A review of the work of the artist EL Loko, born in the small village of Pèdakondji in Togo, West Africa in 1950, unquestionably places his paintings and sculptures to the fore. Hitherto less well-known have been his many graphic creations.
ARTCO will show early wood cuts.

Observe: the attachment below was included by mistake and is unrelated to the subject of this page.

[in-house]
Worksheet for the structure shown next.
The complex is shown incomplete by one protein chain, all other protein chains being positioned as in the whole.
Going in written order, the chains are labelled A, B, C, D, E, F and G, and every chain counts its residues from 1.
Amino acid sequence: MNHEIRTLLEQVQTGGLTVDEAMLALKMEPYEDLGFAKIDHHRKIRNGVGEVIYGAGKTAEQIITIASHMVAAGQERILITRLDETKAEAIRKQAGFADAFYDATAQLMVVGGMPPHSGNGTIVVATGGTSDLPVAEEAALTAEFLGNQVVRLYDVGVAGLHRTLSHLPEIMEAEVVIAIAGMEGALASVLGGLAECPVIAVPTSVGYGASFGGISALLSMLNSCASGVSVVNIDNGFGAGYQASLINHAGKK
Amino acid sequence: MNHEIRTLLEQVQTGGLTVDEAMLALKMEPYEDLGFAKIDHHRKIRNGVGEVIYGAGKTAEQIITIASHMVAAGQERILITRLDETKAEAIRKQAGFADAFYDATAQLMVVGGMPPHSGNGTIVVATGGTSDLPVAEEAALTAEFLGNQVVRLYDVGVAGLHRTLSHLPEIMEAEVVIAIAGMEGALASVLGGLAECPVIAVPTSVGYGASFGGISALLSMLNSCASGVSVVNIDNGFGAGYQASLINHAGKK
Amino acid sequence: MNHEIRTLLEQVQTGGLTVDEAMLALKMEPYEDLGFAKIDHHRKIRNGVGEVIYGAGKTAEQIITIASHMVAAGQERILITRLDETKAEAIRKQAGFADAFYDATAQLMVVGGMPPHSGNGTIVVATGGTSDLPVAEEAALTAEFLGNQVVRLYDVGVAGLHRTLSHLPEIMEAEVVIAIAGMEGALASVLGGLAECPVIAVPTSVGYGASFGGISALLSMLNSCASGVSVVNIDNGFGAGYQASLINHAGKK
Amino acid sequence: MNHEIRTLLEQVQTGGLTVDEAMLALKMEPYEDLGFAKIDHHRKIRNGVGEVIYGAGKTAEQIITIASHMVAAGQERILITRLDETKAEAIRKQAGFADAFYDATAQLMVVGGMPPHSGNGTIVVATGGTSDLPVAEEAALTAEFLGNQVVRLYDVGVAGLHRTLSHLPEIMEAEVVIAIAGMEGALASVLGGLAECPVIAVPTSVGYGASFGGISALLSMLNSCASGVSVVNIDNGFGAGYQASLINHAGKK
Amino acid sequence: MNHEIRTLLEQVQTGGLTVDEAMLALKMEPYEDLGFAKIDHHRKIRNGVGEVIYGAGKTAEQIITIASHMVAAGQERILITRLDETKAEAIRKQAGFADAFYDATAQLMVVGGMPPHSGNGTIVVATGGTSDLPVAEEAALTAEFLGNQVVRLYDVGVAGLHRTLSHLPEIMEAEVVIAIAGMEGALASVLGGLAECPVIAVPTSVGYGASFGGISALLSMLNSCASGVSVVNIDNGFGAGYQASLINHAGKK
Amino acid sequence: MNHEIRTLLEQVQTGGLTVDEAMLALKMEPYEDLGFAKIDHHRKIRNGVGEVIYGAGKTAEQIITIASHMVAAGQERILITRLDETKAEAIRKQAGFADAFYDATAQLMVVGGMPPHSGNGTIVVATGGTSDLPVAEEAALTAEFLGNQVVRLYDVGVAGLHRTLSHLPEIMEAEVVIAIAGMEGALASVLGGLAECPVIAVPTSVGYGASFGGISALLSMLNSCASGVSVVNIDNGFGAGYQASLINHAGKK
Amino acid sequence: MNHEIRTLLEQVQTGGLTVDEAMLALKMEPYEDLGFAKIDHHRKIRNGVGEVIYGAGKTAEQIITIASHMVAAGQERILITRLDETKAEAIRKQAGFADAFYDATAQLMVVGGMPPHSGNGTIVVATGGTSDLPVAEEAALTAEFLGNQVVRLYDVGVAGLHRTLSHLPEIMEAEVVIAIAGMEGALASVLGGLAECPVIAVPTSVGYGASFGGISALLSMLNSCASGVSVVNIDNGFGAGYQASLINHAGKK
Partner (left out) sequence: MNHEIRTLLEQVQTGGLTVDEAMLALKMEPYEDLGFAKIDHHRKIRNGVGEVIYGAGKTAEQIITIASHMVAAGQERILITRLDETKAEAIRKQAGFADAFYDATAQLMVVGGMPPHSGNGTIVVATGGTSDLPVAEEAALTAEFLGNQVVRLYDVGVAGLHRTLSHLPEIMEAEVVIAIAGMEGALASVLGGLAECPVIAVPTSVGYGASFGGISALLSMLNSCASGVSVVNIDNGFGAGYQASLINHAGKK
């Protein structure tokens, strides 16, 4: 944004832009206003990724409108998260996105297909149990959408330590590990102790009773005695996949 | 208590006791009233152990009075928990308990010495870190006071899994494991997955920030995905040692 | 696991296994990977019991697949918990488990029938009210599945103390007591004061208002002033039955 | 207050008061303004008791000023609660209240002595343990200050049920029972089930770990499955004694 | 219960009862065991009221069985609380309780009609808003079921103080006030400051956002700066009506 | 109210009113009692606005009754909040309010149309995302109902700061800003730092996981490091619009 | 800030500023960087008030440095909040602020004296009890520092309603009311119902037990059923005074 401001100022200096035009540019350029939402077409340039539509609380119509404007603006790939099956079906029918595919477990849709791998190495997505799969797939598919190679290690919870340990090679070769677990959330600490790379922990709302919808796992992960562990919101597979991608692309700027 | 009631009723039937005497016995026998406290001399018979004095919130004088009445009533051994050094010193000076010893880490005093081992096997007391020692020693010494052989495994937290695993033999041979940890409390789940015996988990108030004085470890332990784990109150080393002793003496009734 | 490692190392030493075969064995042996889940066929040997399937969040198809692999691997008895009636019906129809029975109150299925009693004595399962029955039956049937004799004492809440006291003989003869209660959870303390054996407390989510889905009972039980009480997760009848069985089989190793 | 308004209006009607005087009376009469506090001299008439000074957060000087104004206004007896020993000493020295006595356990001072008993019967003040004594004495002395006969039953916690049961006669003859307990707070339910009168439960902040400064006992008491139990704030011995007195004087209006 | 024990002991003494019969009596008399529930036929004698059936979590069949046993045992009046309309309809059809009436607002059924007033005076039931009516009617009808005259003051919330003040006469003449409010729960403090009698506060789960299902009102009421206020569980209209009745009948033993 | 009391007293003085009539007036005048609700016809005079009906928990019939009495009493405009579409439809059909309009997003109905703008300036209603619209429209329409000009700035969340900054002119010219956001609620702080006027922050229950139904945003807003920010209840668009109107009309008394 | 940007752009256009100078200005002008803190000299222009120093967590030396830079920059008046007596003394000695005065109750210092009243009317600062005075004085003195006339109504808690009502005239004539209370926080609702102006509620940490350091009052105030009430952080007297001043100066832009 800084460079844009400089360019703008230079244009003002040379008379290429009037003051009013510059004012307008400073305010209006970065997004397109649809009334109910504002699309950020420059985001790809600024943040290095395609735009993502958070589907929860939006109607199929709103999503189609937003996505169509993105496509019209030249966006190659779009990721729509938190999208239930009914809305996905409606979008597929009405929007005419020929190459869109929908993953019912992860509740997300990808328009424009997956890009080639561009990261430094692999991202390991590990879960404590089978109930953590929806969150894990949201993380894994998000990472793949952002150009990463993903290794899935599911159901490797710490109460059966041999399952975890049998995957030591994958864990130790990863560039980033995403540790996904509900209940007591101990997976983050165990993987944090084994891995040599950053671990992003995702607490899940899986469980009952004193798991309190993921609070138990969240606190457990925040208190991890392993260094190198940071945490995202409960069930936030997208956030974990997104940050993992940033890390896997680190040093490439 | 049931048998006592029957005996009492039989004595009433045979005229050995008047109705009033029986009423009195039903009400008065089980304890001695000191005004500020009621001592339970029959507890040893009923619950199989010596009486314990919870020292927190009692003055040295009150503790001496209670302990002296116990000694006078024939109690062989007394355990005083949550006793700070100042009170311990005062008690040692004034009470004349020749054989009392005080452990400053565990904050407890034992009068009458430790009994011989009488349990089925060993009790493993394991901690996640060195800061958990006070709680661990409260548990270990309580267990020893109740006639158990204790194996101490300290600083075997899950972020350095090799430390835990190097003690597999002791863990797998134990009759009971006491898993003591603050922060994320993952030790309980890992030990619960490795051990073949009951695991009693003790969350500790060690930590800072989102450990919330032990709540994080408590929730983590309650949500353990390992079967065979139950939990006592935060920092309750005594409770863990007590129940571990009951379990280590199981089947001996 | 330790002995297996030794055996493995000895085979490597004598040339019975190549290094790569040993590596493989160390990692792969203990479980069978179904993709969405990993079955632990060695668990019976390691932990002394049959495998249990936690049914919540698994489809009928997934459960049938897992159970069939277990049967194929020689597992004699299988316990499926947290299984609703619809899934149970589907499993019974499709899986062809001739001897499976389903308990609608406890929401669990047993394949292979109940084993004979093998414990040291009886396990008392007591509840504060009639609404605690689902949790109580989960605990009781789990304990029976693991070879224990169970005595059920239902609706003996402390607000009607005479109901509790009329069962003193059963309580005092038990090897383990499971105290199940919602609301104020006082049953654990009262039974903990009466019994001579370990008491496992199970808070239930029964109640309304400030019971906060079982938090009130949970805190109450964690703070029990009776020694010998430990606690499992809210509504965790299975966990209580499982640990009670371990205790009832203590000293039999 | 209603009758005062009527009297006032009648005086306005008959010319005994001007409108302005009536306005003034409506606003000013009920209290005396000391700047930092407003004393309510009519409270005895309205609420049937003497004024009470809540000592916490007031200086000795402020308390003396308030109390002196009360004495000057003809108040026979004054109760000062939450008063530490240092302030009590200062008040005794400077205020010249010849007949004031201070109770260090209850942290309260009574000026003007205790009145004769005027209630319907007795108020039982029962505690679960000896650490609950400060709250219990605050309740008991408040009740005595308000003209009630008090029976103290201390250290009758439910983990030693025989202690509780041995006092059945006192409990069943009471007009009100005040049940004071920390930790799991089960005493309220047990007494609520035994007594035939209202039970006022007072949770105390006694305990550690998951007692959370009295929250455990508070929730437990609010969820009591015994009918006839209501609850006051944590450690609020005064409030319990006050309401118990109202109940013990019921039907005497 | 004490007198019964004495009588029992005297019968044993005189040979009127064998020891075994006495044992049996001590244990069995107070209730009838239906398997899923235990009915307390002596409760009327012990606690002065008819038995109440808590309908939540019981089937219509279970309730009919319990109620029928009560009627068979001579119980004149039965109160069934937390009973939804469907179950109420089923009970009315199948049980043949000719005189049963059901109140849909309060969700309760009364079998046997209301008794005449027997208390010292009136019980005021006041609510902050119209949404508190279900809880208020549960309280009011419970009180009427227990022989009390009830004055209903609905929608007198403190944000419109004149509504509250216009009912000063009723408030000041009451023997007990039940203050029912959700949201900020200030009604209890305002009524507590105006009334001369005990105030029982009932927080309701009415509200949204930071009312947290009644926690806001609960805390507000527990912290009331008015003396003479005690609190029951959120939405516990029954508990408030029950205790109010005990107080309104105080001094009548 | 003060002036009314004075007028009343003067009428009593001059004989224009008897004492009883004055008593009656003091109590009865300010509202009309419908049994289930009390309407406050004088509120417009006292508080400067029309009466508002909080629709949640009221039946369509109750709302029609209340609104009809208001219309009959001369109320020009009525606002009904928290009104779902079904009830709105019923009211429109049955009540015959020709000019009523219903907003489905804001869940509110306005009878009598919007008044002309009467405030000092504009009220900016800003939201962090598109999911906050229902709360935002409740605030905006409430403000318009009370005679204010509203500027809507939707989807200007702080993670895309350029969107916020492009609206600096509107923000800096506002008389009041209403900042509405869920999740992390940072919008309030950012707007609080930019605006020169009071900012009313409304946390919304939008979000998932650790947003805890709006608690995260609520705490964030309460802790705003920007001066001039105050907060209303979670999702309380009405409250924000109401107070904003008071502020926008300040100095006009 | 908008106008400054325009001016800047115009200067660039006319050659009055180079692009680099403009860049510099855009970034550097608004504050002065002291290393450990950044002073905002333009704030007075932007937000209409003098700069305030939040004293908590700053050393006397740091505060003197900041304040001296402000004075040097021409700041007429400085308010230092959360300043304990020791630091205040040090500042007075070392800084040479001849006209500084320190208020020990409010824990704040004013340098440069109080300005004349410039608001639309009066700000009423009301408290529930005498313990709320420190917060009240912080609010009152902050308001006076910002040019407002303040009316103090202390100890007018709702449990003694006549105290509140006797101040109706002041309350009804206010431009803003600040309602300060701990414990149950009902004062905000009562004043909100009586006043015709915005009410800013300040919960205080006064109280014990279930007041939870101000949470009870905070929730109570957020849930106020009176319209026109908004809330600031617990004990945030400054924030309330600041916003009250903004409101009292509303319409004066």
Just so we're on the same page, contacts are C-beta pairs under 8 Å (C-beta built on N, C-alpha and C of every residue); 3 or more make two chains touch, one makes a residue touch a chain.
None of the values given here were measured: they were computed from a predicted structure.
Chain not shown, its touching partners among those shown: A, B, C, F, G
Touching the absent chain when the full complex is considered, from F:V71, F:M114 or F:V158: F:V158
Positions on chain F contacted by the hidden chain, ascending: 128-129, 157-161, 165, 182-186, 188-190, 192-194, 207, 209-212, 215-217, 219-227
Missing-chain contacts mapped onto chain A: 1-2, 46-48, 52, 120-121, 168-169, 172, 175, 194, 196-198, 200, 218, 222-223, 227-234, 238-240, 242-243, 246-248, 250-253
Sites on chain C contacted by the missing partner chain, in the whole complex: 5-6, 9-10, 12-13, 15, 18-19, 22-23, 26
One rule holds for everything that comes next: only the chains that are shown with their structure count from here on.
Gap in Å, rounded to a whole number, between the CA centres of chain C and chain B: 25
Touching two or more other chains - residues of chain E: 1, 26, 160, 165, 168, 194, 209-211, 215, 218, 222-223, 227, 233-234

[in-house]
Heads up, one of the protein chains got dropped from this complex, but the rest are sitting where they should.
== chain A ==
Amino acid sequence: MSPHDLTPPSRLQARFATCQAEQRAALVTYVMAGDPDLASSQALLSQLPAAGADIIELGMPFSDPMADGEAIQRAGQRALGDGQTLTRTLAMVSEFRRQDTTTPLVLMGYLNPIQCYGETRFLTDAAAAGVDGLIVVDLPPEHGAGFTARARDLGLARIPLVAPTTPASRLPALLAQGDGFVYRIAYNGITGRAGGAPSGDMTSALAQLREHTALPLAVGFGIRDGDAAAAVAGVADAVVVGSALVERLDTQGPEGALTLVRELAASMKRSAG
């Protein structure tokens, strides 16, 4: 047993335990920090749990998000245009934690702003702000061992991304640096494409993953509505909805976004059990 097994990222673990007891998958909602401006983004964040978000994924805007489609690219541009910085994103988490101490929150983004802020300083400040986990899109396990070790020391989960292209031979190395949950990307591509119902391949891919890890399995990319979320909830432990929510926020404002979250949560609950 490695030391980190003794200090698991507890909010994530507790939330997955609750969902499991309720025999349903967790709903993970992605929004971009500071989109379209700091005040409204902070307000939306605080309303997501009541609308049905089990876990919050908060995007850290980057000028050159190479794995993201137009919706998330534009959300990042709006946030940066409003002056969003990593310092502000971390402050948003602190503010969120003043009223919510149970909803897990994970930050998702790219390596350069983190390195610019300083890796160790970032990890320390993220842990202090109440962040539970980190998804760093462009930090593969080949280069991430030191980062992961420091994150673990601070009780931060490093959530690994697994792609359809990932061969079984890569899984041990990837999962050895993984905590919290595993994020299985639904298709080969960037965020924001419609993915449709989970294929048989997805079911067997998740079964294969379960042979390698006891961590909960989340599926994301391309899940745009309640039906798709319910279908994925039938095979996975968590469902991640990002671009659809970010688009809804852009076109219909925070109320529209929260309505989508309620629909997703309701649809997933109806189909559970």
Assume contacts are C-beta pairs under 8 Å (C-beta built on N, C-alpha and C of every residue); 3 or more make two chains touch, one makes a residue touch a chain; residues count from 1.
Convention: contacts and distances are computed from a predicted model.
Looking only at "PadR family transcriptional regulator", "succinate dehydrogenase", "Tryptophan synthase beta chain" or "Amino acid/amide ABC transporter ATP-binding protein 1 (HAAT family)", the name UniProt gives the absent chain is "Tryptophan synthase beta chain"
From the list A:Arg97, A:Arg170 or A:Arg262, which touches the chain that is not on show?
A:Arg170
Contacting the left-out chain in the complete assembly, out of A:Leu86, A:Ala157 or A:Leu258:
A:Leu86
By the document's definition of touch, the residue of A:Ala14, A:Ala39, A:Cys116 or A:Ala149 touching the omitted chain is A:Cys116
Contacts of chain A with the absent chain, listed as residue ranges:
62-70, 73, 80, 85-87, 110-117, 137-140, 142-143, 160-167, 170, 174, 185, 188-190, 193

In 1969, as a young textile designer working in Accra in neighbouring Ghana, EL Loko came across an exhibition of wood prints by Nigerian artists and was spontaneously fascinated by this technique, previously unfamiliar to him. In his personal artistic response to what he was seeing, EL Loko first created black and white drawings in a similar style. Relocating to Germany in 1971 and accepted to the Düsseldorf Academy of Art, he presented these drawings to Joseph Beuys, his teacher and patron. Expressly encouraged by Beuys, EL Loko began to produce wood prints on the printing press at the academy. This was the year after the appearance (after some initially failed attempts) of his first work, entitled "Le Festival" (HS 001) in an edition of 50 copies, which, with few exceptions, is currently out of print. In this woodcut, myths, ciphers and symbols, and above all the aesthetic forms of his cultural homeland, his African roots, become remarkably alive. In the following years, European influences are increasingly recognizable in his work. Influenced by his profound contact with these diverse cultures in these early woodcuts, and later in his paintings and sculptures, EL Loko has developed a personal, unifying artistic voice. Here begins the long quest for signs (subsequent work title) of this German-Togolese artist. Which is why these graphics can rightly claim our undivided attention.